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UW club women’s lacrosse heads to nationals

UW club women’s lacrosse heads to nationals

Washington women's club lacrosse poses for a group picture. The team rank is currently ranked 18th in the country. 

An athletic powerhouse like the University of Washington garners plenty of attention for its cache of top-notch teams.

However, one of these squads at UW has remained relatively under the radar, despite long-standing success; the hardworking members of the UW club women’s lacrosse team would like to draw more eyes to their squad, which is currently ranked 18th in the nation.

“What’s really awesome about our team [is that] it’s a group of 24 girls that are super passionate about the sport and want to take the time out of their day, a couple times a week, to go and play with each other,” senior captain and vice president Ellen Goncher said.

The team's latest feat comes after a decisive 13-10 regional championship victory over rival Oregon, a win that will provide a major boost as UW prepares for nationals — set to begin May 4 in Austin.

Senior captain and co-team president Carter Sutherland attributes much of the team’s success, which includes going 10-0 and remaining undefeated in league play this season, to the cohesiveness and steadfastness that the unit has fostered together over time.  

UW club women’s lacrosse heads to nationals

The Washington women's club lacrosse team jumps together in a picture. The team is 10-0 and undefeated this season. 

“We really are like a family,” Sutherland said. “We travel together, we spend so much time together, [and] we all just really do share a love for lacrosse.”

Senior captain and co-team president Kat Peterson agreed, noting that the team has had a certain chemistry that helps members form real connections.

“It’s been really cool to see how people can connect and make new friendships,” Peterson said. “That’s what’s great about being on this team, is seeing all the new bonds that people create together; it’s really awesome.” 

The team has competed at a high level over the years, including multiple appearances at nationals, and Goncher would love to see women’s lacrosse become a varsity sport at UW.

“Since we’ve come into college, a lot of other Pac-12 schools have added them,” Goncher said. “Before, it was Stanford — and USC had programs for a little while — and that was kind of it. But since then, Colorado and a bunch of other schools have added [teams].”

The Pac-12 comprises six varsity women’s lacrosse teams: USC, Stanford, Arizona State, Colorado, Oregon, and Cal. Despite there not being any recent or tangible efforts to establish a varsity conference team for UW, Goncher still finds the position she and her teammates are in to be auspicious.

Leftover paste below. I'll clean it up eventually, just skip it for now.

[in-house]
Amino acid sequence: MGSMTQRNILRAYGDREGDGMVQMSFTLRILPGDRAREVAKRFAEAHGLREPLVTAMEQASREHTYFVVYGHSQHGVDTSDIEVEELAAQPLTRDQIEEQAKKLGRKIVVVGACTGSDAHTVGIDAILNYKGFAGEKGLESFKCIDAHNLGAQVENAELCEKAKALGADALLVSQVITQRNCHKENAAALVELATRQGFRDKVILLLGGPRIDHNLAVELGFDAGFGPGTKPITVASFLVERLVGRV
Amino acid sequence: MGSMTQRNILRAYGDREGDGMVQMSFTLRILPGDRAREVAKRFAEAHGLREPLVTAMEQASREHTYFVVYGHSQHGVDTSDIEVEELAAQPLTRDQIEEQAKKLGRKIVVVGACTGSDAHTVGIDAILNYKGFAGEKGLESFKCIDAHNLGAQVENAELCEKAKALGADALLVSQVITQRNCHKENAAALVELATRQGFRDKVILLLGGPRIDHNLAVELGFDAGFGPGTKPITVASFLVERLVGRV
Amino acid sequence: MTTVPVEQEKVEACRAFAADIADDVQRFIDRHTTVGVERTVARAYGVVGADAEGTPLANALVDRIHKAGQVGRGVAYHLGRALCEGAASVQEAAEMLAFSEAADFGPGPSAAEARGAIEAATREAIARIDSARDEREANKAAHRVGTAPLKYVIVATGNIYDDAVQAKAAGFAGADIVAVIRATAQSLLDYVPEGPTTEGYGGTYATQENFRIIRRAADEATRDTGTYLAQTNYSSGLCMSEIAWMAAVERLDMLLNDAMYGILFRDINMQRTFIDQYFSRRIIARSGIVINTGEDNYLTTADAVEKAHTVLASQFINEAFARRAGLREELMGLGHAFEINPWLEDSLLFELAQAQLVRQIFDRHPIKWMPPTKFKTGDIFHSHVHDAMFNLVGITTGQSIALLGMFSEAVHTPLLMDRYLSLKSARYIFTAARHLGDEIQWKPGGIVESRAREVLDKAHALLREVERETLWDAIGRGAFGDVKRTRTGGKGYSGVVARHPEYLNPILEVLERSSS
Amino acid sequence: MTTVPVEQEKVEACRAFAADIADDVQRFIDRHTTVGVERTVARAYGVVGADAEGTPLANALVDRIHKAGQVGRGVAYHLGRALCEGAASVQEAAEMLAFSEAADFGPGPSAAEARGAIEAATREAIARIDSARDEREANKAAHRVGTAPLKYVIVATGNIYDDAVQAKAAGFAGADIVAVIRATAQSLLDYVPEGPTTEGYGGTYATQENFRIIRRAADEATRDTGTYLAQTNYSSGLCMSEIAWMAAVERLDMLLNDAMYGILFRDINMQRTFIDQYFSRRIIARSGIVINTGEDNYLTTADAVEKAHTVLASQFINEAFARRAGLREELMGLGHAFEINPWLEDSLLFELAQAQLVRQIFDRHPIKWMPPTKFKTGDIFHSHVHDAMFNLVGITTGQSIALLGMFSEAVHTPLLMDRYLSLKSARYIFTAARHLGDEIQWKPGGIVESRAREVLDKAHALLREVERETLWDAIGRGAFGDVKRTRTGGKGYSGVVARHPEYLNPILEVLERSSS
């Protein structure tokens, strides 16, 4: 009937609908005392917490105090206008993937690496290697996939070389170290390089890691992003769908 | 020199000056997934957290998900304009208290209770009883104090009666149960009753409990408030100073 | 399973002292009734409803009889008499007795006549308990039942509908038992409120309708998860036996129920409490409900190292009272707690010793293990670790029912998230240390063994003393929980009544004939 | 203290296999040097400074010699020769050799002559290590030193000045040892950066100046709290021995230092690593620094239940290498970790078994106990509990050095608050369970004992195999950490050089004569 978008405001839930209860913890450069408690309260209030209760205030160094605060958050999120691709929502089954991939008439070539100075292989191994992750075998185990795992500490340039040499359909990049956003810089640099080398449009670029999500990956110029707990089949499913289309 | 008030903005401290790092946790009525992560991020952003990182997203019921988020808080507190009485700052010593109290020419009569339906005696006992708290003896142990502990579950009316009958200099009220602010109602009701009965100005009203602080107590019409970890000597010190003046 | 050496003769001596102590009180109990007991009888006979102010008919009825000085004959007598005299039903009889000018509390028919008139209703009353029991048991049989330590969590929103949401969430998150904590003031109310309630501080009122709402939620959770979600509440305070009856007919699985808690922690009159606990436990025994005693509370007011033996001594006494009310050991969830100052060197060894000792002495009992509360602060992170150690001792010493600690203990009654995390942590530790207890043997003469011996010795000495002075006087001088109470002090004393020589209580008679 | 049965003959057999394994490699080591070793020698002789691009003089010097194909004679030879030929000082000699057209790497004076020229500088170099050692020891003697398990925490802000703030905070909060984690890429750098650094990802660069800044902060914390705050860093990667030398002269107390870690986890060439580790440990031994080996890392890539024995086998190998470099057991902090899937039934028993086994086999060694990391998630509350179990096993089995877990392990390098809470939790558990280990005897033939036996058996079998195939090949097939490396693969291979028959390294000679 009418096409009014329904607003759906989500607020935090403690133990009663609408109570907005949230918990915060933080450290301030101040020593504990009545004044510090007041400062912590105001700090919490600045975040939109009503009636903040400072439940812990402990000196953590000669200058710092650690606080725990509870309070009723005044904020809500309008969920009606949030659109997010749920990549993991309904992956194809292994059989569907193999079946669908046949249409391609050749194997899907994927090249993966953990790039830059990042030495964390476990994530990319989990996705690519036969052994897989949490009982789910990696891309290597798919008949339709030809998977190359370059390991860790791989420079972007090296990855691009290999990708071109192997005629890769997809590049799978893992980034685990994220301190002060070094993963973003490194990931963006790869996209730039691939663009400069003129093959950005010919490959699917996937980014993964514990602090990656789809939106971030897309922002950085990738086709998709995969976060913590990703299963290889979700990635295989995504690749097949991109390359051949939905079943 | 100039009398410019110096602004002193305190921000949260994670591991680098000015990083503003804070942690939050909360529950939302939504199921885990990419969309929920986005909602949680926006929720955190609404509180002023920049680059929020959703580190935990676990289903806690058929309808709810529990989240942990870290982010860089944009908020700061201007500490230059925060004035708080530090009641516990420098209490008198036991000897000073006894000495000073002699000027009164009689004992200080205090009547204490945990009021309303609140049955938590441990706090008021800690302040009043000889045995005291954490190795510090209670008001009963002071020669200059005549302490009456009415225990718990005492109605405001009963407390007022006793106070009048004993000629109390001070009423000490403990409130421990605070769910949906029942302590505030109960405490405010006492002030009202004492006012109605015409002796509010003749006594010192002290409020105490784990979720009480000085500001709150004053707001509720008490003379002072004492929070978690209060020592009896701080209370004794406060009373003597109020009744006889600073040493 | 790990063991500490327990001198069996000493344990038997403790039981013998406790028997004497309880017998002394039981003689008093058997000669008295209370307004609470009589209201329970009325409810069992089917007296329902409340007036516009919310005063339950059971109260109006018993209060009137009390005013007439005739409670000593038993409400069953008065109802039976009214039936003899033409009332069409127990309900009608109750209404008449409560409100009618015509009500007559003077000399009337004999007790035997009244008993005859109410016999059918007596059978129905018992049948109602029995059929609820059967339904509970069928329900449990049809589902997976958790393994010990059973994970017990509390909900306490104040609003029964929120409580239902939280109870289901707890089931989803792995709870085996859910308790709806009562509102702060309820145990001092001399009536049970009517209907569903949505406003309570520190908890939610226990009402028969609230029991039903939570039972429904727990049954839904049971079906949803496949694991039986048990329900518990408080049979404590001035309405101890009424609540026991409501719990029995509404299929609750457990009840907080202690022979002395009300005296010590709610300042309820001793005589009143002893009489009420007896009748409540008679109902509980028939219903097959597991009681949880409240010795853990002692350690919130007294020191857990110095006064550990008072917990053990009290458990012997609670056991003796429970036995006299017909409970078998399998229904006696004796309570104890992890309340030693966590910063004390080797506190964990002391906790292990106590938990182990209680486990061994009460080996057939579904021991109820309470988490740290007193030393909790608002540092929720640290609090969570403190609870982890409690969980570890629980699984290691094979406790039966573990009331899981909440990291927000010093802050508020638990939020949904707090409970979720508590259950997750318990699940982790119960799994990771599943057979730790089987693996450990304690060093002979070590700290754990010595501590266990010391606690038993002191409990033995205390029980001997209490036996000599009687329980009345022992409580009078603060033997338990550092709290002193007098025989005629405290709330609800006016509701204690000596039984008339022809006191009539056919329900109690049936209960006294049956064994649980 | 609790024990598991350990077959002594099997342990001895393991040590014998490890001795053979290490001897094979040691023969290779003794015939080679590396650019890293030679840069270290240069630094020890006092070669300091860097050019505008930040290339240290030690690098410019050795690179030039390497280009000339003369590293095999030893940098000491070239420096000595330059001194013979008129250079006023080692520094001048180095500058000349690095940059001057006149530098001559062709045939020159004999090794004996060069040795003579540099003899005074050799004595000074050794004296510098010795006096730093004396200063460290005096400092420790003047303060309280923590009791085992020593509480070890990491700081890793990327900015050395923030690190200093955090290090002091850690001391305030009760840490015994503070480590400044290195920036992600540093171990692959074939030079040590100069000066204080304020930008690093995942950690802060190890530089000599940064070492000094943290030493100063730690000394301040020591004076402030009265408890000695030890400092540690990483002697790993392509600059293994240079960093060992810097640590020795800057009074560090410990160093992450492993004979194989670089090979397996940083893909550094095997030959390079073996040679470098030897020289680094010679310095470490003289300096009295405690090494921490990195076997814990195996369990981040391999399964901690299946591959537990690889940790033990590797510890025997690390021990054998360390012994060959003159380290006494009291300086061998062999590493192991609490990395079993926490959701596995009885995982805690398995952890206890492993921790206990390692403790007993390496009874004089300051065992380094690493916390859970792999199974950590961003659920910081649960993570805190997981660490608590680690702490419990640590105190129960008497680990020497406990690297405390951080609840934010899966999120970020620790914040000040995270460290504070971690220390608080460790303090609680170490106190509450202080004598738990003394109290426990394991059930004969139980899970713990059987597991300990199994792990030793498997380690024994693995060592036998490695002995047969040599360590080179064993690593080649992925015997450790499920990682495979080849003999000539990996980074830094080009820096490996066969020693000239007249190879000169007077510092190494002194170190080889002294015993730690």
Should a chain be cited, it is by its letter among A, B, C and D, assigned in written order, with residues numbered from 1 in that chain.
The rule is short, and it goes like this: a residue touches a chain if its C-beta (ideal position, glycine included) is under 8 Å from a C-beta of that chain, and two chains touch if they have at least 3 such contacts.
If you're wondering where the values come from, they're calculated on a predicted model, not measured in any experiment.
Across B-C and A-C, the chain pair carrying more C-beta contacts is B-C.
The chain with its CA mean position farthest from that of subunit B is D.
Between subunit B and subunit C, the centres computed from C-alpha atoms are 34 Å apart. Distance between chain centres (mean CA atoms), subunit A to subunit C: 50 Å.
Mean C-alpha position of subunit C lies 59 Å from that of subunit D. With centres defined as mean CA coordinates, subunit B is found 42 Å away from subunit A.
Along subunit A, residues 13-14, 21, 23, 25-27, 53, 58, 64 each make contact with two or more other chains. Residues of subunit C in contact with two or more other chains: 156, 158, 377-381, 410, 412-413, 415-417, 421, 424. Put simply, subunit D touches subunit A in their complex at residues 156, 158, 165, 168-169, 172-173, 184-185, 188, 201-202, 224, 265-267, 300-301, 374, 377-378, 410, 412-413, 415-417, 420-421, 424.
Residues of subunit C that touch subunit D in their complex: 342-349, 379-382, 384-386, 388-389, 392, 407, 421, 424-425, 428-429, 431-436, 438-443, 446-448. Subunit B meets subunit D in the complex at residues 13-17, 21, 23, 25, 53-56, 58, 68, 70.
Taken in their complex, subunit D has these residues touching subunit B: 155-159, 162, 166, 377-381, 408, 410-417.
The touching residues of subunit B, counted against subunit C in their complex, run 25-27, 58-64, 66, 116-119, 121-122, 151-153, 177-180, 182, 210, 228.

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“It’s great that we at least have a club program to build the sport out in the Pacific Northwest,” Goncher said. “I know generally, on the West Coast, the sport has grown so much over the past couple years. We’re kind of hoping that there will be a [Division]-I team soon, but until then, we’ll have to hold it down.”

Though seeing the women’s lacrosse team become official in the NCAA is something to look forward to, there are benefits to being a club sport. Sutherland enjoys the fact that she and her teammates can make room for other priorities, while at the same time ensuring that they are competitive.

“It would be awesome to see lacrosse at every college,” Sutherland said. “It is also nice for us, in the way that we really do get to focus on academics a lot more, whereas, as a DI athlete, [your sport] is like your whole life. A lot of us are able to be in really challenging majors and really have a school and lacrosse balance.”

Players are not only active within the UW lacrosse community, but also involved in growing the game. Several UW women also coach club teams in the summer and fall, and some coach for high school teams throughout the area; and travel is not out of the question for the players. Many have been lucky enough to visit other colleges for games and tournaments.

“Our freshman year, we got to travel to Eugene, [Oregon], and this year, we got to go to Pullman,” Peterson said. “[It’s been cool] to be able to go to other college campuses.”

However, traveling to nationals this year won’t be nearly as cheap. According to Goncher, it costs roughly $15,000 to send the team to nationals for one week. To ask that of players who already pay to participate can add unnecessary weight on their shoulders.

“We’re a club sport — we don’t really get a ton of funding from the school,” Goncher said. “We get little things here and there, but we basically fund all on our own, and it’s really just a group of people who are super passionate about the sport and want to grow it within Washington and test [ourselves] against teams [from] across the nation. To be able to do that and not put a huge financial burden on our team, it’s really important for us to get donations.”

For those interested in joining the UW women’s lacrosse team next year but aren’t sure where to start, fret not, as the team doesn’t have any type of formal recruiting process; they just search for those at the university who want to go out on the field and play.

The team usually sets up a station at the RSO fair in the fall, but also has an interest form on their Instagram account for prospective players. Tryouts last a week in November to determine who is a better fit for the travel team versus the practice team.

Those who wish to can donate to the Washington women’s lacrosse team here.

Reach reporter Evie Mason at Twitter: @eviesmason

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